Coupa, a company that offers cloud services for managing invoices, expenses, inventory, and procurement, today filed preliminary paperwork to go public, revealing plans to raise $75 million. The company intends to trade on the NASDAQ Global Market under the symbol COUP. Joint bookrunners for the deal include Morgan Stanley, JP Morgan, Barclays, RBC Capital Markets, JMP Securities, and Raymond James.

Unlike other finance management software vendors, Coupa directs its internal salespeople to go after companies and organizations with more than 1,000 employees. Coupa’s biggest legacy competitors include Oracle and SAP.

In the quarter that ended on July 31, Coupa produced a $12.4 million net loss on $31.1 million in revenue, according to today’s S-1 filing. Revenue for that quarter was up 66 percent year over year. Most of the company’s revenue comes from subscription services; the rest comes from Coupa’s “professional services and other” category. “We have a history of cumulative losses, and we do not expect to be profitable for the foreseeable future,” the company warns.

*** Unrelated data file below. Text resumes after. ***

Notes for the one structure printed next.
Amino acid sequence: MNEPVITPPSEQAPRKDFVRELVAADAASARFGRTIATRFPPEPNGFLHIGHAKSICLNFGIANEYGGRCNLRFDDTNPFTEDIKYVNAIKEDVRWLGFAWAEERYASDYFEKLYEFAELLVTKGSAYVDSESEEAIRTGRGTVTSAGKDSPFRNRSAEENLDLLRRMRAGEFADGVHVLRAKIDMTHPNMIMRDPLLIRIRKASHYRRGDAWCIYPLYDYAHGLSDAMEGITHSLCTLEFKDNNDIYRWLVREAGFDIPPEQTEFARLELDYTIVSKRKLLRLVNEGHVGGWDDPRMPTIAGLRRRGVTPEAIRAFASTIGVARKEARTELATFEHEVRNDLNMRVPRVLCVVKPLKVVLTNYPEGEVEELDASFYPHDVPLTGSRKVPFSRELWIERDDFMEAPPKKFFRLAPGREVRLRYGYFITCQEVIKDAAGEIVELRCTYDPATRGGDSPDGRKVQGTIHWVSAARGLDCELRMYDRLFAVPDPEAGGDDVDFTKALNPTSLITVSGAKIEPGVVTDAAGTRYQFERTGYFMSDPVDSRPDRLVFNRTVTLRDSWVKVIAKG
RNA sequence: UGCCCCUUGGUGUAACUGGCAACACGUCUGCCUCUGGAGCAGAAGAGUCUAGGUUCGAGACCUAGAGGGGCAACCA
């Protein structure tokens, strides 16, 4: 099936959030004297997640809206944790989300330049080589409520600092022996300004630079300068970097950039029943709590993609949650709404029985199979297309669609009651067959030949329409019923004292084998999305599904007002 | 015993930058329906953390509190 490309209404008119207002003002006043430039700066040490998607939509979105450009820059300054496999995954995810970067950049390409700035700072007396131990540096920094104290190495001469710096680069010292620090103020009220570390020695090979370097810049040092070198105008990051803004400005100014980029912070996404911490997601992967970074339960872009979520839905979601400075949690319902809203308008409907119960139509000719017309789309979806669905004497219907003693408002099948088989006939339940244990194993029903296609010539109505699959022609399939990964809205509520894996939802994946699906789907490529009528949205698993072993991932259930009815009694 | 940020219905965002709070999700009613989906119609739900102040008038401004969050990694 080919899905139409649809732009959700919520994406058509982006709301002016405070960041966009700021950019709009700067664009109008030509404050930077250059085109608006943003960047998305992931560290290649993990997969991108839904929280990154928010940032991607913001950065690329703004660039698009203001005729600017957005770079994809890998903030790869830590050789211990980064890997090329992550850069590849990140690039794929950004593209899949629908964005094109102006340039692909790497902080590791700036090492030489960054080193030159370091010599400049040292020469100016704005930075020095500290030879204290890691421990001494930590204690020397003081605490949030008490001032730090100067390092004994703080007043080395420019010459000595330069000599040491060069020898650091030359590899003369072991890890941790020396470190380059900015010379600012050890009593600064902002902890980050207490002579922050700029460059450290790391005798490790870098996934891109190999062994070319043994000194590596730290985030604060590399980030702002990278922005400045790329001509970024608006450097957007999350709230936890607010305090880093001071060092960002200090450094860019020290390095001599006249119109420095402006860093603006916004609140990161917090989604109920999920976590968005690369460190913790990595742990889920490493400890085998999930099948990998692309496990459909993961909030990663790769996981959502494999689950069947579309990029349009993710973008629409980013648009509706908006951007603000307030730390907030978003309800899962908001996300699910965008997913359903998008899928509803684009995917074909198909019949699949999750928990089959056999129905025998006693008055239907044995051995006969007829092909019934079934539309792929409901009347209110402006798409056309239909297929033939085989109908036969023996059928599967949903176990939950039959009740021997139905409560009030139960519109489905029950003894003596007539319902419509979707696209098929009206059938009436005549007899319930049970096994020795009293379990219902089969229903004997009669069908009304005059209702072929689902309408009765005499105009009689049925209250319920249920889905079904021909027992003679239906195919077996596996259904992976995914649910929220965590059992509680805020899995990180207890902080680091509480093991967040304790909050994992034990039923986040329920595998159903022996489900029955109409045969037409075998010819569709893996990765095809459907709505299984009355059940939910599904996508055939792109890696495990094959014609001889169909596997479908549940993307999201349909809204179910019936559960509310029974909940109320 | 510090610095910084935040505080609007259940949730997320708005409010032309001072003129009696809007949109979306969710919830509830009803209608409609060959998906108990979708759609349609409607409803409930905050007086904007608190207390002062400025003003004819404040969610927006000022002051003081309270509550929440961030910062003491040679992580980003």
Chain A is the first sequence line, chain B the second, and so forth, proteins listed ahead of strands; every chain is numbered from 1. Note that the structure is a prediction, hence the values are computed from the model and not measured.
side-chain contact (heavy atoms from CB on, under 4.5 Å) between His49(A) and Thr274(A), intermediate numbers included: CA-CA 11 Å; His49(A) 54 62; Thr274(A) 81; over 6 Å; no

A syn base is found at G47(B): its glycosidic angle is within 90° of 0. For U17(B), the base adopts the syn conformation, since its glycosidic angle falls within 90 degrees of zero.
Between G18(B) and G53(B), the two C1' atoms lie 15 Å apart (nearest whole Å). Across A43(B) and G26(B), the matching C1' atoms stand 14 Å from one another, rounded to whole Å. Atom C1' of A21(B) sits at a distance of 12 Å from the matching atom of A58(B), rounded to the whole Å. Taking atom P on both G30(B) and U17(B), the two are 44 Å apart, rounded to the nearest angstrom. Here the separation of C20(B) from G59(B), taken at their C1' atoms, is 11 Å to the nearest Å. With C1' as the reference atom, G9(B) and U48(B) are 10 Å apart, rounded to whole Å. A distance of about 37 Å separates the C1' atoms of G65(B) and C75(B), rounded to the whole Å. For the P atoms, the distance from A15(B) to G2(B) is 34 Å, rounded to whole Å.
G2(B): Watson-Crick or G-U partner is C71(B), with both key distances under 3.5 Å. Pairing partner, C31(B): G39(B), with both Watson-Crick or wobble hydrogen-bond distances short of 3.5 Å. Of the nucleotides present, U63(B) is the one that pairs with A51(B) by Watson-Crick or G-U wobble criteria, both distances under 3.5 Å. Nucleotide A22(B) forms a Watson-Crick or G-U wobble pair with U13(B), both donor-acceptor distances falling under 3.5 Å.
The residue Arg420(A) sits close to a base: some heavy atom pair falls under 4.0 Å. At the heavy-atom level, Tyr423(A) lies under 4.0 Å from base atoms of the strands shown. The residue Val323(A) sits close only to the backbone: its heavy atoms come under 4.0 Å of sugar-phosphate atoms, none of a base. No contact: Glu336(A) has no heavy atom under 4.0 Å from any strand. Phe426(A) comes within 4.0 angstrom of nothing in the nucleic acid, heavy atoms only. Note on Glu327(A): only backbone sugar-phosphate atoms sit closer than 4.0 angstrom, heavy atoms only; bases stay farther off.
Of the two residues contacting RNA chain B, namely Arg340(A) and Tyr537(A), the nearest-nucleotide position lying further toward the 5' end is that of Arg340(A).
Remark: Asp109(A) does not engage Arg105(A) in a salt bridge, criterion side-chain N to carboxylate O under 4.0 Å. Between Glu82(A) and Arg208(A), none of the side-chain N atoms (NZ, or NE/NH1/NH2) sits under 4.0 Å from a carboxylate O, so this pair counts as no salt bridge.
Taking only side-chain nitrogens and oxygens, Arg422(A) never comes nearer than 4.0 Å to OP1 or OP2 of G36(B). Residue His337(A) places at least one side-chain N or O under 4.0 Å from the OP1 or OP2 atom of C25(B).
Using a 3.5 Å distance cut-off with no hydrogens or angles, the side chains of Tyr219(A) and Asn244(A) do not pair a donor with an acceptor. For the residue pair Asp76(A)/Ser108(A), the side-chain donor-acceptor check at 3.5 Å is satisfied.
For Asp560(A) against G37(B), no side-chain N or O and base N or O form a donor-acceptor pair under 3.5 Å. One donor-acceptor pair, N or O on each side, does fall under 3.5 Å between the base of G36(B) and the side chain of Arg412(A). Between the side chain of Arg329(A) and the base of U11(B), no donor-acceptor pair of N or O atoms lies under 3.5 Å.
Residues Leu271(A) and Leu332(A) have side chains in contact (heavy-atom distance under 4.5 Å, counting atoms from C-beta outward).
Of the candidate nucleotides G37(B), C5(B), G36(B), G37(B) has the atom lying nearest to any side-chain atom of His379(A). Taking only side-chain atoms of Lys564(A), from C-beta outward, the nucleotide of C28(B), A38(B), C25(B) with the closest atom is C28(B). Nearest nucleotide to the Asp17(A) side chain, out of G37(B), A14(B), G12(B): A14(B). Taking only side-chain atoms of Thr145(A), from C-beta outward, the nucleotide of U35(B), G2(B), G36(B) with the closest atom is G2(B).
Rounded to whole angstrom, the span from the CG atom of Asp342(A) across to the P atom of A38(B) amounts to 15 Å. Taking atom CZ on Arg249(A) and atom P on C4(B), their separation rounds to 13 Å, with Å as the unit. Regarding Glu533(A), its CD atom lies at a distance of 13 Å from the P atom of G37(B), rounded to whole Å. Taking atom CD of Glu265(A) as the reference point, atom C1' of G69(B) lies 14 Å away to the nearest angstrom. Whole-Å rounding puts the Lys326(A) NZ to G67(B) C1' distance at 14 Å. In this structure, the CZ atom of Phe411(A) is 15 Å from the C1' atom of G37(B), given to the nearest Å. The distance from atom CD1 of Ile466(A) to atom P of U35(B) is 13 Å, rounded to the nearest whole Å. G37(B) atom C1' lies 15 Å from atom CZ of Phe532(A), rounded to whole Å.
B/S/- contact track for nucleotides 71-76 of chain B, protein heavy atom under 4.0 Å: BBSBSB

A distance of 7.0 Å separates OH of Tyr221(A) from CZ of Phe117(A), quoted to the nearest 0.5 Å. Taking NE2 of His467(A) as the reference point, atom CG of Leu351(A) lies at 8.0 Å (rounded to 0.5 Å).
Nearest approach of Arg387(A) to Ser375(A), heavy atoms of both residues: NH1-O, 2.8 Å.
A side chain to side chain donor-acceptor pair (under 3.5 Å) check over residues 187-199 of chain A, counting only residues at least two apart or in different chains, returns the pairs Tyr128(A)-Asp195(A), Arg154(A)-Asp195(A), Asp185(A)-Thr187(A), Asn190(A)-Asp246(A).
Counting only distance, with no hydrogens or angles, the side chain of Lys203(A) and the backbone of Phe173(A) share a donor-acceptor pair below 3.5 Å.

Coupa was founded in 2006 by Oracle veterans Noah Eisner and Dave Stephens. The company had 590 employees and 460 customers as of July 31. Customers include Box, the Container Store, Sanofi, and Salesforce. Investors include T. Rowe Price, Blue Run Ventures, Battery Ventures, Crosslink Capital, El Dorado Ventures, Iconiq Capital, Mohr Davidow Ventures, Northgate, Premji Invest, and Rally Ventures.

Coupa was on our list of 36 tech companies that could go public in 2016. Other 2016 technology IPOs include Line, Talend, and Twilio.

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